His parents decide to put him in an asylum with the strong belief that Rowan will be helped there. The egotistical director, however, is more interested in publishing a razzle-dazzle article on a controversial new form of therapy then in helping Rowan. Electroshock, which sends electrical shocks to the brain, is relatively new and no one really knows what it will do, so the director has brought in a German doctor, Dr. von Metzer, to do some test cases and, diagnosed as schizophrenic, Rowan is an ideal candidate for it. But when Rowan emerges from the confusion of having his brain shocked, the doctors have a really unexpected consequence to deal with – Rowan now believes he is Superboy from the planet Krypton.
Rowan, however, isn't the only test case. He shares a room with Dorothea, a very intelligent teenaged girl with a quick smart mouth, who also just happens to see people’s guardian angels, including her own – Joan of Arc.
My first reaction to this book happened when I judged it by its cover. It has one of the worst covers I have ever seen and after I finished the book, I disliked the cover even more. It completely fails to capture Rowan’s basically kind, compassionate, serious nature. And so it sat on my shelf for a long time. But when I finally started reading, I was hooked before I finished the first page.
Rowan the Strange is set during the first year of World War II – the year of the phony war when no major fighting occurred - outside the asylum. But everyone’s nerves are taut with anticipation. Inside the asylum, deep feelings of hate are running high among the hospital’s staff against Dr. von Metzer, who, they assume, is a Nazi. And I admit, in the beginning, I expected von Metzer to be a Dr. Mengele equivalent. But I soon realized that Hearn turns all our expectations about the characters upside down in this book and, like the cover of the book, forces the reader to see beyond our first impressions.
Ms. Hearn has drawn the characters of Rowan, Dorothea and Dr. von Metzer with such depth, that the loneliness they feel because of their ‘outsider’ status is palpable. But the bond that forms between these three very gentle people is so genuine that it is enviable, especially in comparison to some of the other more socially acceptable but cruel, superficial characters in the novel.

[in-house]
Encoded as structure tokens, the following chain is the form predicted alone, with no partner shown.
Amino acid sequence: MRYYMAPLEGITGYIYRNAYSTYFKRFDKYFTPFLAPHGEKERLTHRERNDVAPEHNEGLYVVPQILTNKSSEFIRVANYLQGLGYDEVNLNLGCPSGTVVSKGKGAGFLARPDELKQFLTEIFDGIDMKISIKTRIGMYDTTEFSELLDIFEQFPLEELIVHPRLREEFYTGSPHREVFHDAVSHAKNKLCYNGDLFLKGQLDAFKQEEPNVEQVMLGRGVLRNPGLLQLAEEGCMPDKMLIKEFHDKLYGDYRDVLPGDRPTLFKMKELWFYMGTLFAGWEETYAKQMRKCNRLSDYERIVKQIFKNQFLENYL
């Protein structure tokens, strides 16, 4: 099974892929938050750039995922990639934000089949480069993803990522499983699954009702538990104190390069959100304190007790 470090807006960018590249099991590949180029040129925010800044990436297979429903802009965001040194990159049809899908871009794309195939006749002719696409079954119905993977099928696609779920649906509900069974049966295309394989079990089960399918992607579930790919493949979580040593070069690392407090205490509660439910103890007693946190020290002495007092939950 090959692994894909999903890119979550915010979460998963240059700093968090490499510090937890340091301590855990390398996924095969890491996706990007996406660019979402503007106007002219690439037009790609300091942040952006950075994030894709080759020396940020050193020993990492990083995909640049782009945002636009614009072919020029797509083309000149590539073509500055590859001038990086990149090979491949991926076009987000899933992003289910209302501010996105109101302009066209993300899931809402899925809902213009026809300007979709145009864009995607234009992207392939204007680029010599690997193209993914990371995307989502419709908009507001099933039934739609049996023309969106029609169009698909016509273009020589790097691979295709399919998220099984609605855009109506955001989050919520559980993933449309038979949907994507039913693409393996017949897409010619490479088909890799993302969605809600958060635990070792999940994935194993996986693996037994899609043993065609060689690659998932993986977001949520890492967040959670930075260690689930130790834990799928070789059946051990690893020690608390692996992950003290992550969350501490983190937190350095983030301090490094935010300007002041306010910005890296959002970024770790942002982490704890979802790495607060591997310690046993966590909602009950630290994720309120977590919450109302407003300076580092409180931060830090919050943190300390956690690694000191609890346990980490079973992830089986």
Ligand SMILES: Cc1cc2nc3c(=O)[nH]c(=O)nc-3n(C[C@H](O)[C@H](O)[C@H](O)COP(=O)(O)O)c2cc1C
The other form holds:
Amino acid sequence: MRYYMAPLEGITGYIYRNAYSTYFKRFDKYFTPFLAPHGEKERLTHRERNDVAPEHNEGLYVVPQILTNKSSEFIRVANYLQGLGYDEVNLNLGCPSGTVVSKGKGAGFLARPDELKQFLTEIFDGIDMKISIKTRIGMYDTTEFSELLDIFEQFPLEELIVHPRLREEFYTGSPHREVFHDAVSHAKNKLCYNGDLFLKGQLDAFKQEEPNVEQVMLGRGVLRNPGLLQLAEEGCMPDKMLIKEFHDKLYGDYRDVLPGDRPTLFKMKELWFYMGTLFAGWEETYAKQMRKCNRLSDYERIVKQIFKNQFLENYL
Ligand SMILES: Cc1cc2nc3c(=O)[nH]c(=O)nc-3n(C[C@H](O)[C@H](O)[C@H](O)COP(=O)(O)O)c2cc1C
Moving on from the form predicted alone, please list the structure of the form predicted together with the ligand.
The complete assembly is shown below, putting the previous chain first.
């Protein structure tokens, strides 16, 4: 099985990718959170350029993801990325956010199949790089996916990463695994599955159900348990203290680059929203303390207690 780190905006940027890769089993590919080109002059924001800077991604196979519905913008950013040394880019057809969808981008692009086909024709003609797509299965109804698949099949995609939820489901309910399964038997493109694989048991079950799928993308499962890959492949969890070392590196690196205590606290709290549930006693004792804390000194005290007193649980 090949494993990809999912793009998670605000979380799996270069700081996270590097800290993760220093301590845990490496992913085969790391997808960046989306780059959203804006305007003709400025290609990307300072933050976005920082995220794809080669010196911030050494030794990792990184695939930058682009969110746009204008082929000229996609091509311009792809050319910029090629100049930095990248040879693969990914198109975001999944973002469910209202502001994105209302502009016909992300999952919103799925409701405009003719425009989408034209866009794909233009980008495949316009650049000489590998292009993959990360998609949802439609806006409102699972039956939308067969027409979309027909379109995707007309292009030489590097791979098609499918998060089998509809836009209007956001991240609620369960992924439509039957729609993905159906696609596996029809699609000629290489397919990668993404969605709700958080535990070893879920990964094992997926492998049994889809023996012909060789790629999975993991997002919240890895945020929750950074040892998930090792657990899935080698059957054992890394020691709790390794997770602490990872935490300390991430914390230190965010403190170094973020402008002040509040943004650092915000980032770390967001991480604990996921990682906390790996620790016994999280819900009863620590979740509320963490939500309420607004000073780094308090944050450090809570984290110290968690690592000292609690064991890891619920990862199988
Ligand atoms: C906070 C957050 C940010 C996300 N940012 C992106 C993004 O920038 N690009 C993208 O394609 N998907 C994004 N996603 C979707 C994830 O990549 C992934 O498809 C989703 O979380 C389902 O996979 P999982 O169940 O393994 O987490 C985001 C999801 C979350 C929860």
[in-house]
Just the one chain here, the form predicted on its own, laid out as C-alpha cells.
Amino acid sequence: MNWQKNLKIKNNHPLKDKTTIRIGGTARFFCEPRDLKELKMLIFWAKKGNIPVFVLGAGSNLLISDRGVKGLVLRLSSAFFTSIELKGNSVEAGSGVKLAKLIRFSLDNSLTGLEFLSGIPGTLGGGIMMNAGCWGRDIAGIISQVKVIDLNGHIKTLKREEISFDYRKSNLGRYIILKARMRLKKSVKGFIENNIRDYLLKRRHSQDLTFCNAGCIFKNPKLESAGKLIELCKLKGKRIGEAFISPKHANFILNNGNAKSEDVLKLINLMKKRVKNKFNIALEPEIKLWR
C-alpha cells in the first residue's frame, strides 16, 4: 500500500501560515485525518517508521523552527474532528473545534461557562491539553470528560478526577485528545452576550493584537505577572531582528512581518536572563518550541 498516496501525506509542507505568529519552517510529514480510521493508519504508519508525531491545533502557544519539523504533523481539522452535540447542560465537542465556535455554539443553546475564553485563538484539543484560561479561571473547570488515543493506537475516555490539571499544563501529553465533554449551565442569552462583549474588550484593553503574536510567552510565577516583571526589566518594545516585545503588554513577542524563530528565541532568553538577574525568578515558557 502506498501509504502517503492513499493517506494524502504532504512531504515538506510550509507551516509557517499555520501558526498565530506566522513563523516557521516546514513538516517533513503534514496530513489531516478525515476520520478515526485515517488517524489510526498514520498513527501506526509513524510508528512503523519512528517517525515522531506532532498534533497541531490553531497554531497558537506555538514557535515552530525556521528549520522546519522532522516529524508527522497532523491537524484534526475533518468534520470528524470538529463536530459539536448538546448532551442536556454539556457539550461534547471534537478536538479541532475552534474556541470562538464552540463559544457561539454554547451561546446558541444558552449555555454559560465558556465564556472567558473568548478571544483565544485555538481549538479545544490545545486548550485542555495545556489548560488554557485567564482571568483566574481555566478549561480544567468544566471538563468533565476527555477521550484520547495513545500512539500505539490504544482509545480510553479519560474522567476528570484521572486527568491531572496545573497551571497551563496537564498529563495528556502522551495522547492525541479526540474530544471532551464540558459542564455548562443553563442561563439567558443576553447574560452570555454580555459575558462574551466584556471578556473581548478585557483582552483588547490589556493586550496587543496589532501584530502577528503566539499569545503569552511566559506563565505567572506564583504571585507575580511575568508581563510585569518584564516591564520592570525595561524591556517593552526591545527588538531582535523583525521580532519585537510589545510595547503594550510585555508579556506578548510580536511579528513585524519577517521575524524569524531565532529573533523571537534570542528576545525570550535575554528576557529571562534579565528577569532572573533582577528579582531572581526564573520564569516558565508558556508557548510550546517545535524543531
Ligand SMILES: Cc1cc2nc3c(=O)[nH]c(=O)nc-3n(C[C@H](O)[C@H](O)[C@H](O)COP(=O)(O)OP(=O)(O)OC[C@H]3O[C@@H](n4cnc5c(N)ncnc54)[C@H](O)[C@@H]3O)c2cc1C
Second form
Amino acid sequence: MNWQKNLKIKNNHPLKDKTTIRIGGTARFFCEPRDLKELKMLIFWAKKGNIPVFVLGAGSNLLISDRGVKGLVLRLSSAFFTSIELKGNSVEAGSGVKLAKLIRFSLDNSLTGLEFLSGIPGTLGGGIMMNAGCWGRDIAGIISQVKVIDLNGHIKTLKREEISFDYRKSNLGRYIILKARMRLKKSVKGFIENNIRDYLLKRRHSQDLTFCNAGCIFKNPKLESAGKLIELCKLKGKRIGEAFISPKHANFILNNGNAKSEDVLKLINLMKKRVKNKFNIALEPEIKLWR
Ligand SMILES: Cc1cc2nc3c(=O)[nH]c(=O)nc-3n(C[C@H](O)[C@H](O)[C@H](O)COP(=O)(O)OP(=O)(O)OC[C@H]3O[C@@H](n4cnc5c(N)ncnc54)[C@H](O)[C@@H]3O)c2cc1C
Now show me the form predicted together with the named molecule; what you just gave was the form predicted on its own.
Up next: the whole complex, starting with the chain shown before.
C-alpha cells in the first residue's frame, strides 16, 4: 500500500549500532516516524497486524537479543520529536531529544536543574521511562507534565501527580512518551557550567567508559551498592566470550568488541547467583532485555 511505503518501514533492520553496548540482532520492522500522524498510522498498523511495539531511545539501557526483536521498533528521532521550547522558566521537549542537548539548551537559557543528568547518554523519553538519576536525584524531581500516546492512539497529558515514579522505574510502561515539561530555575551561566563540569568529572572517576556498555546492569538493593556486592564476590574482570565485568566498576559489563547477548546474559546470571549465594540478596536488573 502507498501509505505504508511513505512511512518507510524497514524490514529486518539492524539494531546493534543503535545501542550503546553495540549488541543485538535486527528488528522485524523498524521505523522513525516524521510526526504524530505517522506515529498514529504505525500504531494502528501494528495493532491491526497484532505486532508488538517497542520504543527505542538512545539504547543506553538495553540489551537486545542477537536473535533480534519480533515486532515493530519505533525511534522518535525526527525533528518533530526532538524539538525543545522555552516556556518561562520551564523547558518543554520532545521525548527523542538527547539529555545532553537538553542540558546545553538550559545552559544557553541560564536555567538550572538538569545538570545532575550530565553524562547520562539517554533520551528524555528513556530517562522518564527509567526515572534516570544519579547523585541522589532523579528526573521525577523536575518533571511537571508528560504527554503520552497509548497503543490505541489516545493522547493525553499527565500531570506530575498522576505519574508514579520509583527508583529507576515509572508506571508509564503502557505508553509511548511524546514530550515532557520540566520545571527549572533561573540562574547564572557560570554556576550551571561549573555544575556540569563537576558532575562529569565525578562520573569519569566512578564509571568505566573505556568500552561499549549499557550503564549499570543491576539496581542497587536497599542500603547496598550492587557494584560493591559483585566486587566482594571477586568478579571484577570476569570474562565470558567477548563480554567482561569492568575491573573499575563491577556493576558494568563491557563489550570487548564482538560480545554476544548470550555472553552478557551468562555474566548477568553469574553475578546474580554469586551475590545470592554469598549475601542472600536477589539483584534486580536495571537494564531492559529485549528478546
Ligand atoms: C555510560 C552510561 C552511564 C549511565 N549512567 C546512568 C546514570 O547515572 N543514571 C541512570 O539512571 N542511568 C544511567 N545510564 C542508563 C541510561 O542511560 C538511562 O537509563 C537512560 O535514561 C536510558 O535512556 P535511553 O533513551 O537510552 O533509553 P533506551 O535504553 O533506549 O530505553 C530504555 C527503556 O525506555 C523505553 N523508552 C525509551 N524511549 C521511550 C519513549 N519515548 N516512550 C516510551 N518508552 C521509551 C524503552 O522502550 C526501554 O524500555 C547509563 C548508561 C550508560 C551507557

Rowan the Strange is also a YA novel that could, like so many coming of age novels, have a great deal of appeal to an adult audience. It is straightforward story and, though not predictable, it is disturbing. Ms. Hearn’s writing style is clear and concise, and the topic of mental illness well researched. There are detailed descriptions of how electroshock is done and the immediate recovery process, which I found disquieting. There is also an interesting parallel between the treatment Rowan receives in an asylum thought to be compassionate and the so-called ‘euthanasia’ certain children were subjected to in Nazi Germany at the same time.
We live in a world where mental illness is not longer hidden away in asylums, but retrograde often happens, and we go back to doing things the old way. I highly recommend reading Rowan the Strange, first because it is a good, well written story and second, to remind us that asylums are not necessarily good things to go back to. I rather agree with Dr. Metzer’s comments:
“Compassion…human kindness…the effects of these, are far more than the shocks. I have seen and can measure with confidence. Cruelty too. And just recently I have come to a startling thought: is a person’s strangeness always to be seen as such a terrible thing? A thing to be altered, hidden away or even, in extreme cases--” (pg 308)This book is recommended for readers age 12 and up.
This book was purchased for my personal library.
You can download and read the first chapter of Rowan the Strange at Children’s Books
Julie Hearn received the following well-deserved honors for Rowan the Strange
2009 Shortlisted for the Guardian Children’s Fiction Prize
2010 Shortlisted for the CILIP Carnegie Medal
More reviews of Rowan the Strange may be found at Linus's Blanket The Book Bug Write Meg and Vulpes Libris
This is book 9 of my British Books Challenge hosted by The Bookette